"Sanctuary" was a new version of the Gutter Ballet out-take "Target", the latter later being released on the 1994 compilation of Sirens and The Dungeons Are Calling.

Release[edit]

Savatage would have liked to call the record Gutter Ballet as the original play written by O'Neill, but the inclusion of the song on their previous record made it impossible. In retrospect, the band wanted to have called the album Ghost in the Ruins.[3] O'Neill said that "Streets was OK too", but Jon Oliva disliked the fact that A Rock Opera was tagged onto the title. Oliva has said he has only introduced any performance of the album simply as Streets.[3] Eventually, an album entitled Ghost in the Ruins was released in 1995 as a tribute to Criss Oliva.

On September 27, 2013 EarMusic Records released a 31-track narrated version of the album, which also includes the previously unreleased song "Larry Elbows" and the original version of "Jesus Saves", making it the most complete version ever released.[4]

The band recorded a music video for the song "Jesus Saves" which received some airplay on MTV, and featured long time Savatage cover artist Gary Smith playing the role of DT Jesus.[3] A video was filmed for "New York City Don't Mean Nothing", but that video has been "lost" and as of 2015 has never been aired.

"Heal My Soul" was re-recorded by Savatage's offshoot musical project, the Trans-Siberian Orchestra, on a 2007 Wal-Mart CD sampler. "Believe" was re-recorded with Tim Hockenberry on vocals by the Trans-Siberian Orchestra on their 2009 album Night Castle.

During their 2007 tour, Jon Oliva's new project, Jon Oliva's Pain performed some of the album, in album running order, as a special surprise to audiences. Oliva himself noted on stage that some of the songs performed had never been performed live to an audience before.

Jon Oliva's Pain performed the album in its entirety at the 2014 edition of the ProgPower USA festival in Atlanta, GA.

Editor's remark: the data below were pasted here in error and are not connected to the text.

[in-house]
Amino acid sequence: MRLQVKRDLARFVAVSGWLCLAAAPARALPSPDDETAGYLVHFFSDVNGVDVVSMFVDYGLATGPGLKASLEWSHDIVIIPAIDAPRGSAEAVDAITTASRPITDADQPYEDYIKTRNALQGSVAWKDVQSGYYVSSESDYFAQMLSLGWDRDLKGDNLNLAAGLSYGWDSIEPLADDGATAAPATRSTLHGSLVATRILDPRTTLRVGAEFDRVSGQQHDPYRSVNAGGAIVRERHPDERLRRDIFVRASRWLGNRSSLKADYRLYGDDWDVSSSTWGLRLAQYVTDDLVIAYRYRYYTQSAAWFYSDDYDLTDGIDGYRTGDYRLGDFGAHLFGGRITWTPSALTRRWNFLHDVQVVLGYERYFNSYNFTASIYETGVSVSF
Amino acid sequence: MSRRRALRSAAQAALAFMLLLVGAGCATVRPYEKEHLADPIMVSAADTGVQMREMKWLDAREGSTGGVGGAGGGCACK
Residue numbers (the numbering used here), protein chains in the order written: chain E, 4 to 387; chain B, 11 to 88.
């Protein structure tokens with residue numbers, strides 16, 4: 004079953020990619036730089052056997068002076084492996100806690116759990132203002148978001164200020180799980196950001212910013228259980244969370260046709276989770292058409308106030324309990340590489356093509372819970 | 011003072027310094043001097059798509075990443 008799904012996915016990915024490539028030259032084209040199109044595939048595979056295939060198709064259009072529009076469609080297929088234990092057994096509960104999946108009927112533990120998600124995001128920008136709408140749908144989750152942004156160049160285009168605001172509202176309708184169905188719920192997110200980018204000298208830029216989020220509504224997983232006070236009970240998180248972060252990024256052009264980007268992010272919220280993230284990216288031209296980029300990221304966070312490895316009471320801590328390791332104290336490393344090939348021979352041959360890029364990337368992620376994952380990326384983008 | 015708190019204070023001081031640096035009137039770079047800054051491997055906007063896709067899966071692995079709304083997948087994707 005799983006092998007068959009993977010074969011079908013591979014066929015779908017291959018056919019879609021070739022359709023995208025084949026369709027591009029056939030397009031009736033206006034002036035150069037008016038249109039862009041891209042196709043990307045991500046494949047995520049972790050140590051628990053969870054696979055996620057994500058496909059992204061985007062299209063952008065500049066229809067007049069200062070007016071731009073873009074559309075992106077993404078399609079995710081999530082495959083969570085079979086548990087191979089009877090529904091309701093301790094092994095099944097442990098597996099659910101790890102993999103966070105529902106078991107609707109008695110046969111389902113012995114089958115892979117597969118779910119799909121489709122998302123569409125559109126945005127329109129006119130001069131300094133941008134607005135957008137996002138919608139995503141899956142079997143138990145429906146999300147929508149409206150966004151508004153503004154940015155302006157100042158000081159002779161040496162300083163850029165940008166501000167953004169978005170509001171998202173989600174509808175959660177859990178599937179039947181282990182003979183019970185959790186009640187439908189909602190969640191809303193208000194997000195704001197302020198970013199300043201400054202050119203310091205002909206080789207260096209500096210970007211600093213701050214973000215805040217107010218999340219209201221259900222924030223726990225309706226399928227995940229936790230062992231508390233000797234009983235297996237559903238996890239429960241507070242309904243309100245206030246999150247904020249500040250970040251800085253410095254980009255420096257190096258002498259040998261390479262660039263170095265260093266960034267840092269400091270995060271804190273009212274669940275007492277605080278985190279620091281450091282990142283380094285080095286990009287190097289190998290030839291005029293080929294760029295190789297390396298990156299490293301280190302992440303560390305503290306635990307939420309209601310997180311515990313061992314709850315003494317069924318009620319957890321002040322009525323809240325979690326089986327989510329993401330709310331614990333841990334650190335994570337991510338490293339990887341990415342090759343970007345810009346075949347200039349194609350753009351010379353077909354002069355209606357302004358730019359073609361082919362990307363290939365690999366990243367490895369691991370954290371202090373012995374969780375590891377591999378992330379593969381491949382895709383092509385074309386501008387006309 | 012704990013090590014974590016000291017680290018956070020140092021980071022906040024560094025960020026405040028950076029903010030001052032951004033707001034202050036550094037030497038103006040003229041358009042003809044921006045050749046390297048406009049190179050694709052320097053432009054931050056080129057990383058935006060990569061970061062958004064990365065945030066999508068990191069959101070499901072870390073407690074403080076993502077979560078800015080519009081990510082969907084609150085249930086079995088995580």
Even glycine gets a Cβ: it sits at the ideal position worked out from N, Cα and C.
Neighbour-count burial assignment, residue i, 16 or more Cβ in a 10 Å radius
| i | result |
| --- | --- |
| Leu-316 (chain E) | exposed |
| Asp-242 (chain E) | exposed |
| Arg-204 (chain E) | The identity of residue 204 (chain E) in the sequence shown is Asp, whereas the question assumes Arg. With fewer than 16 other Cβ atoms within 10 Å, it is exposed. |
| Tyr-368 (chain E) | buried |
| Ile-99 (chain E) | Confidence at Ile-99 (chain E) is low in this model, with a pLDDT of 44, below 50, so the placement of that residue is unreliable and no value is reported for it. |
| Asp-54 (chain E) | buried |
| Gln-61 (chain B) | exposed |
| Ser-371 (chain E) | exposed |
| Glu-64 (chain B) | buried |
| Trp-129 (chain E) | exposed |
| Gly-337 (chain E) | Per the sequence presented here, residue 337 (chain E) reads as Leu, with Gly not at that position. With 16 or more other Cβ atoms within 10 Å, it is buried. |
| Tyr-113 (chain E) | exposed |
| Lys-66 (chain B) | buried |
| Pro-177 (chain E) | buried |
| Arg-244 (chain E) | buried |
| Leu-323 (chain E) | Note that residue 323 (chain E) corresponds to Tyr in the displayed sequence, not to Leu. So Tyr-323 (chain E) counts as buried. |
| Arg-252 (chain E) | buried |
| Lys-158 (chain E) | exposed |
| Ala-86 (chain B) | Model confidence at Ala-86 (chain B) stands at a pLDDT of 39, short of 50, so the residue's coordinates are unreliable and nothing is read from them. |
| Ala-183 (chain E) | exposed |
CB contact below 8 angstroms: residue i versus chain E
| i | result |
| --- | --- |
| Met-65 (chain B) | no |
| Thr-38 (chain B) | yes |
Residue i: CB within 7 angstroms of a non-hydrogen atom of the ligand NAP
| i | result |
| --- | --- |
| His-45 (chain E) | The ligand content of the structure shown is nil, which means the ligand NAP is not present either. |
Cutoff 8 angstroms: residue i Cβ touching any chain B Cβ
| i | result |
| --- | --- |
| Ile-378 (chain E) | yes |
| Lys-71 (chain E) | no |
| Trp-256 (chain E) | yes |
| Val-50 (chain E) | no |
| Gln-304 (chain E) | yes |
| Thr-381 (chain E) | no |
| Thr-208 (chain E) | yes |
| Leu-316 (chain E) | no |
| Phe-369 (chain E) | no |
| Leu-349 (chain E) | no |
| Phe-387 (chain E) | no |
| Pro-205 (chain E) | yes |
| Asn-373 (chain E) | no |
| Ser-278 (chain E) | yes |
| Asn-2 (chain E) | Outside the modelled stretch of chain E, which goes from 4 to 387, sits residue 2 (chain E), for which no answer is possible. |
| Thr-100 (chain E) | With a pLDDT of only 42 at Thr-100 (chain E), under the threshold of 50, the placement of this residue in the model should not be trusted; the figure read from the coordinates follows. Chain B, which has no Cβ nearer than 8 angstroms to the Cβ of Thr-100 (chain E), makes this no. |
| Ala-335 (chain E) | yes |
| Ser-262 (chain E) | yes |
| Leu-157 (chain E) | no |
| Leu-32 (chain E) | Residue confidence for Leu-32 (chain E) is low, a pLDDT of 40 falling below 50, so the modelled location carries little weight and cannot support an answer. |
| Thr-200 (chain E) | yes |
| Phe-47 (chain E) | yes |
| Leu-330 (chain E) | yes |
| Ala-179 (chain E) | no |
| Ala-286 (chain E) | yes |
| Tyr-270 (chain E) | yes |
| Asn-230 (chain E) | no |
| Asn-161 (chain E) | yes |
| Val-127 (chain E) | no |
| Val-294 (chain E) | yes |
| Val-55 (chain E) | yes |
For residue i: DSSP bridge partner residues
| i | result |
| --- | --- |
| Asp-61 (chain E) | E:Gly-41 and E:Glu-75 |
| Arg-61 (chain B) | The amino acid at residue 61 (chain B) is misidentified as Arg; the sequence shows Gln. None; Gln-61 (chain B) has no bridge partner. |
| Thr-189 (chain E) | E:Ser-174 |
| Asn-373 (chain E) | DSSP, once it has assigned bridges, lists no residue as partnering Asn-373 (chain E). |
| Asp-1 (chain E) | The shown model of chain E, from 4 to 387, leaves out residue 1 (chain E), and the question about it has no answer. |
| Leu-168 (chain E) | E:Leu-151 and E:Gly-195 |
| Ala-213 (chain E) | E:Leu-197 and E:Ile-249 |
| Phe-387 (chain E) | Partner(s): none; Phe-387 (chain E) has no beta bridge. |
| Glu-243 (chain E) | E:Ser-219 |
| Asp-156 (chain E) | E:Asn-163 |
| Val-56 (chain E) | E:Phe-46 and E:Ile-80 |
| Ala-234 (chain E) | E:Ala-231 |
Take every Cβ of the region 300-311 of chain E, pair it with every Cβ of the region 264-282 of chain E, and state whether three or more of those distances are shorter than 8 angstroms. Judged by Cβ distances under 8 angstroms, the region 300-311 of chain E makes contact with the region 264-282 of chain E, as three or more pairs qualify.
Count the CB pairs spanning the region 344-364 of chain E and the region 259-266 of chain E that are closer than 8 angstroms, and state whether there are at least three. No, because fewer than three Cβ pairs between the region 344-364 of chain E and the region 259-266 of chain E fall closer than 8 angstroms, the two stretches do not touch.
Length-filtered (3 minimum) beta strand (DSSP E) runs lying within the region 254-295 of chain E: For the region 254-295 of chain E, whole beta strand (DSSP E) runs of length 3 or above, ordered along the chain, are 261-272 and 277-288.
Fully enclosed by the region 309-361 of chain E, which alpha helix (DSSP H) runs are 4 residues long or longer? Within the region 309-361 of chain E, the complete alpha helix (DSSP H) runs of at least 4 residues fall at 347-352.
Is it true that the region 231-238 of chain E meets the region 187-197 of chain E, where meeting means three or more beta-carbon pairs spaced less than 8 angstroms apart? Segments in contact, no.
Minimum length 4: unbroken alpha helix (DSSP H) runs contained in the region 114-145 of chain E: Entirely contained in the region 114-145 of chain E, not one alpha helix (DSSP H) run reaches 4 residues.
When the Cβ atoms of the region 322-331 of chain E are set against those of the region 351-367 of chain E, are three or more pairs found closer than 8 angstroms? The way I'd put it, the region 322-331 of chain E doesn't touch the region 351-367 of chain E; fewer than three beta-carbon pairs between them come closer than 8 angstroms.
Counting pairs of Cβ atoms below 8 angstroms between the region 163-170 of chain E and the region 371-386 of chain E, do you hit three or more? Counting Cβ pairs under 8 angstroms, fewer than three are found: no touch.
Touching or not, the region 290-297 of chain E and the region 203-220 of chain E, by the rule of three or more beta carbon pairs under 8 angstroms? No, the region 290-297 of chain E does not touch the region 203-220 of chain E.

Critical reception[edit]

Professional ratings
Review scores
SourceRating
AllMusic4.5/5 stars[5]
Collector's Guide to Heavy Metal7/10[6]
Metal Hammer (GER)7/7[7]
Rock Hard9.5/10[8]

In 2005, Streets: A Rock Opera was ranked number 310 in Rock Hard magazine's book of The 500 Greatest Rock & Metal Albums of All Time.[9]

Track listings[edit]

All music composed by Paul O'Neill, Jon Oliva and Criss Oliva. All lyrics written by Paul O'Neill and Jon Oliva, based on a book written by Paul O'Neill.

No.TitleLength
1."Streets"6:48
2."Jesus Saves"5:13
3."Tonight He Grins Again"3:28
4."Strange Reality"4:56
5."A Little Too Far"3:25
6."You're Alive"1:51
7."Sammy and Tex"3:07
8."St. Patrick's"4:17
9."Can You Hear Me Now"5:11
10."New York City Don't Mean Nothing"4:01
11."Ghost in the Ruins"5:32
12."If I Go Away"5:17
13."Agony and Ecstasy"3:33
14."Heal My Soul"2:35
15."Somewhere in Time"3:17
16."Believe"5:42
"Streets: A Rock Opera - Narrated Version" 2013 EarMusic director's cut
No.TitleLength
1."Streets"6:48
2."Narration to "Jesus""1:05
3."Jesus Saves" (original version, previously titled "DT Jesus" and released as a bonus track)4:49
4."Narration to "Tonight He Grins Again""0:18
5."Tonight He Grins Again"3:26